On the one hand, that's really cruel considering the number of mathematically educated people get it wrong (and are certain they're right).

As an introductory example for why we need a formal study of statistics, though, there is no better.

 Quote by Tac-Tics On the one hand, that's really cruel considering the number of mathematically educated people get it wrong (and are certain they're right). As an introductory example for why we need a formal study of statistics, though, there is no better.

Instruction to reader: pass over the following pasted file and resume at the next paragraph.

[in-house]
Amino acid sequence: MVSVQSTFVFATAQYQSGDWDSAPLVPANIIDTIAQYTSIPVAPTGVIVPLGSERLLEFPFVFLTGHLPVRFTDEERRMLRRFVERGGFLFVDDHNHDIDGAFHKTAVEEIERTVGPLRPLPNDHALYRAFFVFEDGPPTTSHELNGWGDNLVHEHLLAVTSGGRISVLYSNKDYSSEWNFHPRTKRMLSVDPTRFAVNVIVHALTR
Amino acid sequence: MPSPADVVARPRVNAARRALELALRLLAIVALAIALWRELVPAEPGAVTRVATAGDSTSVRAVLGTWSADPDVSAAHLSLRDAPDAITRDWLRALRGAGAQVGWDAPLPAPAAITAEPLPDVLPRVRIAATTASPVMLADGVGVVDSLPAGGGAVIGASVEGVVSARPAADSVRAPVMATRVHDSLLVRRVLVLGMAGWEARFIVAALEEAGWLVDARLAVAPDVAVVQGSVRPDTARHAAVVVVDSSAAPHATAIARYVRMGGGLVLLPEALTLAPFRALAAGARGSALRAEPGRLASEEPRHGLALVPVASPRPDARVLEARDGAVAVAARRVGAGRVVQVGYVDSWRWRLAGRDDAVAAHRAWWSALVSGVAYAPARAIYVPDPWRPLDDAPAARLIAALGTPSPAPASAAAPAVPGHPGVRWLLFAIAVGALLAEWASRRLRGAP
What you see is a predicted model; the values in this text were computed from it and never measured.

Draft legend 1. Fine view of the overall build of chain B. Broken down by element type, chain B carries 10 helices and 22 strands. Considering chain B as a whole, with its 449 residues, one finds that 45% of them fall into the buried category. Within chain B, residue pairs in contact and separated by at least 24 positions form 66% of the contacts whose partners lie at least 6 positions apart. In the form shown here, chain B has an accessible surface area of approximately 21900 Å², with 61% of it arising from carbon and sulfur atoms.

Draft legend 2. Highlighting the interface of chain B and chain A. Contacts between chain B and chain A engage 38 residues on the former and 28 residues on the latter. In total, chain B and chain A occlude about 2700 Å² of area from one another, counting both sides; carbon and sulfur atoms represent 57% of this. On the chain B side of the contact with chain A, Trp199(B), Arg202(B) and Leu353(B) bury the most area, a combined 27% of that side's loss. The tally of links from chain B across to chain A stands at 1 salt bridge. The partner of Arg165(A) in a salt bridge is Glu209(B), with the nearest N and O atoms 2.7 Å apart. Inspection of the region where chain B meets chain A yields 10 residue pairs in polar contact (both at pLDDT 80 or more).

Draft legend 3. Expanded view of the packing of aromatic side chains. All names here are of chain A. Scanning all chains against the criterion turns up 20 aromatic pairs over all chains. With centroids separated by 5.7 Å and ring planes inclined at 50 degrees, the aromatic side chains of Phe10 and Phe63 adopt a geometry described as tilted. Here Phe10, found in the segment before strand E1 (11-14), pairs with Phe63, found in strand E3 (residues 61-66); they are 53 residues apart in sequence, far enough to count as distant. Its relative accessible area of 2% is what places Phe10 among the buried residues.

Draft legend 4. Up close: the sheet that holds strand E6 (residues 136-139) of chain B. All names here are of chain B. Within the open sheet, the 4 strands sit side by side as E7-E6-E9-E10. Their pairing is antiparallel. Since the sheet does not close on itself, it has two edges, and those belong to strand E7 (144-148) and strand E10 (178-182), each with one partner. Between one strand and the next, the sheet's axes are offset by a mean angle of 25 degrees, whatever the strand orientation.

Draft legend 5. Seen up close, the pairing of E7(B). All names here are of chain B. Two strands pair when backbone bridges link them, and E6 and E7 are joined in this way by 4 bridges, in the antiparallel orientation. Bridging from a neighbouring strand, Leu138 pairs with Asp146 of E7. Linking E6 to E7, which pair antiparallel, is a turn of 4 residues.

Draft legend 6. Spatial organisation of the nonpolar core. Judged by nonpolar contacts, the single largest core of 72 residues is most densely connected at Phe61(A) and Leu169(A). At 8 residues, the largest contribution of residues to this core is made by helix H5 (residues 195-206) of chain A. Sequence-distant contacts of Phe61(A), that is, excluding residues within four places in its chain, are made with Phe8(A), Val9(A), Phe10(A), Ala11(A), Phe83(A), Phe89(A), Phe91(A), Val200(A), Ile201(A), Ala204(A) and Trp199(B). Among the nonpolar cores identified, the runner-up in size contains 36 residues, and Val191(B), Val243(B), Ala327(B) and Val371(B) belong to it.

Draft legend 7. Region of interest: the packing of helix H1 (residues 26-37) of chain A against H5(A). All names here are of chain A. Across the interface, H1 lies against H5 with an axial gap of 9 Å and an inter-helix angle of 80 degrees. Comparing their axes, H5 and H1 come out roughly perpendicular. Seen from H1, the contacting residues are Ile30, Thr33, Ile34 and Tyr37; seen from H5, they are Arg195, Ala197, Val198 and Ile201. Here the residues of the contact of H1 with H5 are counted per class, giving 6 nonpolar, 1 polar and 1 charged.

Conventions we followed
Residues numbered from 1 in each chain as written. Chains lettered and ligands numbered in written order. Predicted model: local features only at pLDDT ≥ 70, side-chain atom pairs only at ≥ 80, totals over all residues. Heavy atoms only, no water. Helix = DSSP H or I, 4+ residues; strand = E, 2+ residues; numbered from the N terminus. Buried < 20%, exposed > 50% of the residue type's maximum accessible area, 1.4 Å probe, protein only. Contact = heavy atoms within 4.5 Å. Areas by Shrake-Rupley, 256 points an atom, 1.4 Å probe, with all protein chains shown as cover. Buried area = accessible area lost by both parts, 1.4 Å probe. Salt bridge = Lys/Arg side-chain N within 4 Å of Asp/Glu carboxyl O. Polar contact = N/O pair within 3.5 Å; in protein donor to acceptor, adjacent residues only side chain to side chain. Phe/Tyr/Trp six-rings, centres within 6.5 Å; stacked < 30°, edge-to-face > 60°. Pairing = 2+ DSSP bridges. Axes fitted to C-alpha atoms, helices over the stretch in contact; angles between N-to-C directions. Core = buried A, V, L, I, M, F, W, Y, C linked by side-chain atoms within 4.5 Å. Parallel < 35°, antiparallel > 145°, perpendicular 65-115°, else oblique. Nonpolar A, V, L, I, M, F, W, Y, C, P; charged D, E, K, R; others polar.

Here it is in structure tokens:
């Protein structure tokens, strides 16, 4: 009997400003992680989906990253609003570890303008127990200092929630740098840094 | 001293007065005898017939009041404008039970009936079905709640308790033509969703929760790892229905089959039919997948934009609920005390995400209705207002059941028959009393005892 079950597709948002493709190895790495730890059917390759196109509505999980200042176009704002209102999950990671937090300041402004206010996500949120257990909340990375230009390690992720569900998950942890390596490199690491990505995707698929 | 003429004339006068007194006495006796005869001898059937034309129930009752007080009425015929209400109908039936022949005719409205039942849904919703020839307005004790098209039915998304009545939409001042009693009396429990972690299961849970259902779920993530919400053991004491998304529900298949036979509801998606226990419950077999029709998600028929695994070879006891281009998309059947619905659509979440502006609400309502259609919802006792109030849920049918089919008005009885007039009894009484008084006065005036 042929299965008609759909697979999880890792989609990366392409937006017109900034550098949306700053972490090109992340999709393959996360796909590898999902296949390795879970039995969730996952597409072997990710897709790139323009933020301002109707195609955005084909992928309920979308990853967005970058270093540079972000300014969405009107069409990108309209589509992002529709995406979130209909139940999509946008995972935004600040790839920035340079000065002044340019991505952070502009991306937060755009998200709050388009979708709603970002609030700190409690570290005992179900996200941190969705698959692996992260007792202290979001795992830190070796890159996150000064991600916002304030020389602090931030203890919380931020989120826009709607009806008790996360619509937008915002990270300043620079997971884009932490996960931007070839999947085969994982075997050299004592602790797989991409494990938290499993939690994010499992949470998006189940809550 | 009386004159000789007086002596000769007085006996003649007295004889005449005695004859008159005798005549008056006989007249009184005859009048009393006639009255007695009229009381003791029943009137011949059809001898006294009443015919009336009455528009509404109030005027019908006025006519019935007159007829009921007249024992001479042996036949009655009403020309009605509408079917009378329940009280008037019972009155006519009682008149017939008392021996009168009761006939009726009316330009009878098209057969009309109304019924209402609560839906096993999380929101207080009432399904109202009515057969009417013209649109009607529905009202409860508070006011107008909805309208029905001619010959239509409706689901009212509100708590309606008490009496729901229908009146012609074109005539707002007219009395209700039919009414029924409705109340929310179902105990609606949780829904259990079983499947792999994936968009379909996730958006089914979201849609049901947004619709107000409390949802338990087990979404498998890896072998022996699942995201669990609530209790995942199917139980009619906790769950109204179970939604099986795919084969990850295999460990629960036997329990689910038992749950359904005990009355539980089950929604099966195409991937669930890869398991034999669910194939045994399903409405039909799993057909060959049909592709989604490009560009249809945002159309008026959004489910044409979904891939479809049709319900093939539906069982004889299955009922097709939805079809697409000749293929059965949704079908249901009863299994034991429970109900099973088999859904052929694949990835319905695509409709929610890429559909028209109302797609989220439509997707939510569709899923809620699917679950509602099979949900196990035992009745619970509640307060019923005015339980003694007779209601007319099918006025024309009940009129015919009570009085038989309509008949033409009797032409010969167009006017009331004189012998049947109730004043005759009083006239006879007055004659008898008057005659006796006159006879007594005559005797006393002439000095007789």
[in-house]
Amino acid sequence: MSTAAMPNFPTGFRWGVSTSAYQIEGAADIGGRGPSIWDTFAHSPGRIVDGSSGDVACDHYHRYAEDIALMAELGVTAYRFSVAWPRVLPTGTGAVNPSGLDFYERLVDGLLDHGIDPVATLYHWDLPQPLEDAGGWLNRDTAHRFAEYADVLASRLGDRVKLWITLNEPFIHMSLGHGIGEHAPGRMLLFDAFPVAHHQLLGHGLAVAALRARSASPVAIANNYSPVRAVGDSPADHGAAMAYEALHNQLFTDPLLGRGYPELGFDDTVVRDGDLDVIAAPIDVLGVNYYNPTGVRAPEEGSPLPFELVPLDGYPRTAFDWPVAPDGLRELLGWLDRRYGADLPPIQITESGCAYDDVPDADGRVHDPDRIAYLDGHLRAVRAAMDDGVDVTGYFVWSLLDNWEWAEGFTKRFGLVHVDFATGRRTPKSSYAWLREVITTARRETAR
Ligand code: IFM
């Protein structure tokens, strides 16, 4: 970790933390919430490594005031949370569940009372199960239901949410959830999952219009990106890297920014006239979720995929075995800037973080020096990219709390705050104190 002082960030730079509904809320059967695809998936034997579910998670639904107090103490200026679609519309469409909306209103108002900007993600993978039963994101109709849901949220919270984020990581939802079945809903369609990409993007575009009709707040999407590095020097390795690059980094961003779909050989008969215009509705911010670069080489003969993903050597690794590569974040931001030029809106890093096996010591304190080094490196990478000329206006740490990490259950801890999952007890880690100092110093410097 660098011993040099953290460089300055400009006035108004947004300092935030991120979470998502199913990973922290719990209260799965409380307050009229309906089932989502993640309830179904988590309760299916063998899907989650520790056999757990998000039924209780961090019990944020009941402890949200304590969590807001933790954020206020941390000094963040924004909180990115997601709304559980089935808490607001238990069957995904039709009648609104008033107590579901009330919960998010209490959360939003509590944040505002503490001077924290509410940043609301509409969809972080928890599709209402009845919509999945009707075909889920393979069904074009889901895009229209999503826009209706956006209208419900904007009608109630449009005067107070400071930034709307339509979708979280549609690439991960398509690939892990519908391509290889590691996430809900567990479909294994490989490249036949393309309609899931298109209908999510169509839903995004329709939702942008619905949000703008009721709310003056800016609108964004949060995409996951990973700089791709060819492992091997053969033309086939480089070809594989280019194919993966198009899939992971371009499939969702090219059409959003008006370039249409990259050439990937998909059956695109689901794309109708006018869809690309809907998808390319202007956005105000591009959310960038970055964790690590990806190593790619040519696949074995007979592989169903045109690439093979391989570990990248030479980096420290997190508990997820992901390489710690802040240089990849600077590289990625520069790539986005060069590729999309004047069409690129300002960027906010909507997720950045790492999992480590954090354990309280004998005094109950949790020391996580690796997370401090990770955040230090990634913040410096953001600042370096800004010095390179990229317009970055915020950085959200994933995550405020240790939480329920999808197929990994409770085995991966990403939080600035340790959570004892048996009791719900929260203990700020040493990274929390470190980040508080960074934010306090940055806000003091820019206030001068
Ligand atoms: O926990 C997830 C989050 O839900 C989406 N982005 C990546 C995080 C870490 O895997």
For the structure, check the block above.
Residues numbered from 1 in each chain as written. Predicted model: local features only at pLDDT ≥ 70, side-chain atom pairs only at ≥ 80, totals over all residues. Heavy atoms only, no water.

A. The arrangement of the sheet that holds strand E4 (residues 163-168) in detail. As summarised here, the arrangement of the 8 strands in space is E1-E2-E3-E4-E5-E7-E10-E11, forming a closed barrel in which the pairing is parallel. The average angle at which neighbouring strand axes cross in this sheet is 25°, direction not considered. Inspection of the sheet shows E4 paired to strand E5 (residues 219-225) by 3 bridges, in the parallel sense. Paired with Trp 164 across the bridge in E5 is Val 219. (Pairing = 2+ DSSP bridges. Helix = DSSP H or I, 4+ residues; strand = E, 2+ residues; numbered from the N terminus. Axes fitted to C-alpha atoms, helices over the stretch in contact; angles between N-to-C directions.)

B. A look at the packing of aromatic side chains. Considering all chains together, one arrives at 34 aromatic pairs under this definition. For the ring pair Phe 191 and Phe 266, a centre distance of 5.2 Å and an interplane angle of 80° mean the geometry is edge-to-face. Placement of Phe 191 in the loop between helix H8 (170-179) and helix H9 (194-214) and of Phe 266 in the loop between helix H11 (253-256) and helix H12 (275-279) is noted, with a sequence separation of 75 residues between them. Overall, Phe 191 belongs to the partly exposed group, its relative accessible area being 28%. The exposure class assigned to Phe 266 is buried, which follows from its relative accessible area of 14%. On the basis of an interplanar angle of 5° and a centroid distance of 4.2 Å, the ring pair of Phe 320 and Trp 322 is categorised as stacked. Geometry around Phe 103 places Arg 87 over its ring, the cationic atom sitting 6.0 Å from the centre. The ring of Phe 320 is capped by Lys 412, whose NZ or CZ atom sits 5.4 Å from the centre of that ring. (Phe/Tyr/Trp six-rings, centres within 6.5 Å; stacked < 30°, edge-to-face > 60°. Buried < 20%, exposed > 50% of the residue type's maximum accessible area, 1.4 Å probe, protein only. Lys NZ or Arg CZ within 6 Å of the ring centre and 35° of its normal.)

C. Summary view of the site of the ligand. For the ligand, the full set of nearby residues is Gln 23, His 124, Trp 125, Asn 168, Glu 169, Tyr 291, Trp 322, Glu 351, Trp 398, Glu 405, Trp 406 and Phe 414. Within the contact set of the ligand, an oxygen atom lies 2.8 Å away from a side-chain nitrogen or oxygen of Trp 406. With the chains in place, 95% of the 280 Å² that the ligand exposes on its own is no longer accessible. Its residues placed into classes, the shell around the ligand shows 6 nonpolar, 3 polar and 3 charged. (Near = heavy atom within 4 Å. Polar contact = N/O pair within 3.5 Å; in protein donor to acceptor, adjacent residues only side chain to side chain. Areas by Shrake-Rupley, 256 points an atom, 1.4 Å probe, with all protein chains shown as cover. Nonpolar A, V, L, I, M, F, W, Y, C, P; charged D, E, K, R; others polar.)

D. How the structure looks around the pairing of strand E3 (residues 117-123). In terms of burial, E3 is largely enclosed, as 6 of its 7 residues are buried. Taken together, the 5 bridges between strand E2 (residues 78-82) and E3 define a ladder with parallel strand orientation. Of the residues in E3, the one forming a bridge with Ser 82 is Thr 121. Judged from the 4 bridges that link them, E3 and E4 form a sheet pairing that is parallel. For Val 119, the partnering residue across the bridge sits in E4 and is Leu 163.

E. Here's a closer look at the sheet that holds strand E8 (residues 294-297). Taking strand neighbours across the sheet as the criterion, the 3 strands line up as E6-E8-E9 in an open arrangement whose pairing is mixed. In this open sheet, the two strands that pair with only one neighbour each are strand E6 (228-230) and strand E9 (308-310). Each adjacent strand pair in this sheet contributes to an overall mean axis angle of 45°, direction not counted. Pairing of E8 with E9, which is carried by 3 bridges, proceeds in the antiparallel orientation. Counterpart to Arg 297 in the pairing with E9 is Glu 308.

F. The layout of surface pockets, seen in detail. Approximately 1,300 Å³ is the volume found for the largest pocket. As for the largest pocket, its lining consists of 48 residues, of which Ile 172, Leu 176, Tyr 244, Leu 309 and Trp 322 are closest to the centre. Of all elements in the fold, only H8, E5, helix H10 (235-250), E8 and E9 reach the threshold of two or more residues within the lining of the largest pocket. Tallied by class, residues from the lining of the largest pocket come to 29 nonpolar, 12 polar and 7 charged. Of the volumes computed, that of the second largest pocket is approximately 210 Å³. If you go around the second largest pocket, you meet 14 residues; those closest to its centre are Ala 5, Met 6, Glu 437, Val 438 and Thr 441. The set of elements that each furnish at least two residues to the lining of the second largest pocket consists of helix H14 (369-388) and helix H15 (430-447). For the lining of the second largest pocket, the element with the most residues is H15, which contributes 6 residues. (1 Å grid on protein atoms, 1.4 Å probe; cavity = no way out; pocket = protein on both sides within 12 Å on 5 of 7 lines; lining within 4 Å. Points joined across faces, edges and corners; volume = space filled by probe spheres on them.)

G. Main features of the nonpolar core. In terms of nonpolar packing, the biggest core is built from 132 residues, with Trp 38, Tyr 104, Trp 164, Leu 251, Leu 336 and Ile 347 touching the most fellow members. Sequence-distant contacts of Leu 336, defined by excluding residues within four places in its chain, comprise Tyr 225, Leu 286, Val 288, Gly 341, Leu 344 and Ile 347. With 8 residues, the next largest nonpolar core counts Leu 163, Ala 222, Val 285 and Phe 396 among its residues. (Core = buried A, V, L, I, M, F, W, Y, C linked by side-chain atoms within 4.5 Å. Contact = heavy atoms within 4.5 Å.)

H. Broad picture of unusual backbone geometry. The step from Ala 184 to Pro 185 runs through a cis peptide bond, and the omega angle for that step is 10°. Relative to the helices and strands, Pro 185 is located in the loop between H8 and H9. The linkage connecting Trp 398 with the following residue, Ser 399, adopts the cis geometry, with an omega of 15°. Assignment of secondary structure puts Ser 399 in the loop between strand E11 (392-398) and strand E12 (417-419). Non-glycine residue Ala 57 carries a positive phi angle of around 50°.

This is perhaps because in dayly life do not get thousands of shots at any given scenario and actually do not get the benifit of the odds. One shot, that's it!

 Quote by sepmayr This is perhaps because in dayly life do not get thousands of shots at any given scenario and actually do not get the benifit of the odds. One shot, that's it!
Def. disagree. The law of large numbers is used a LOT in finance, insurance, etc.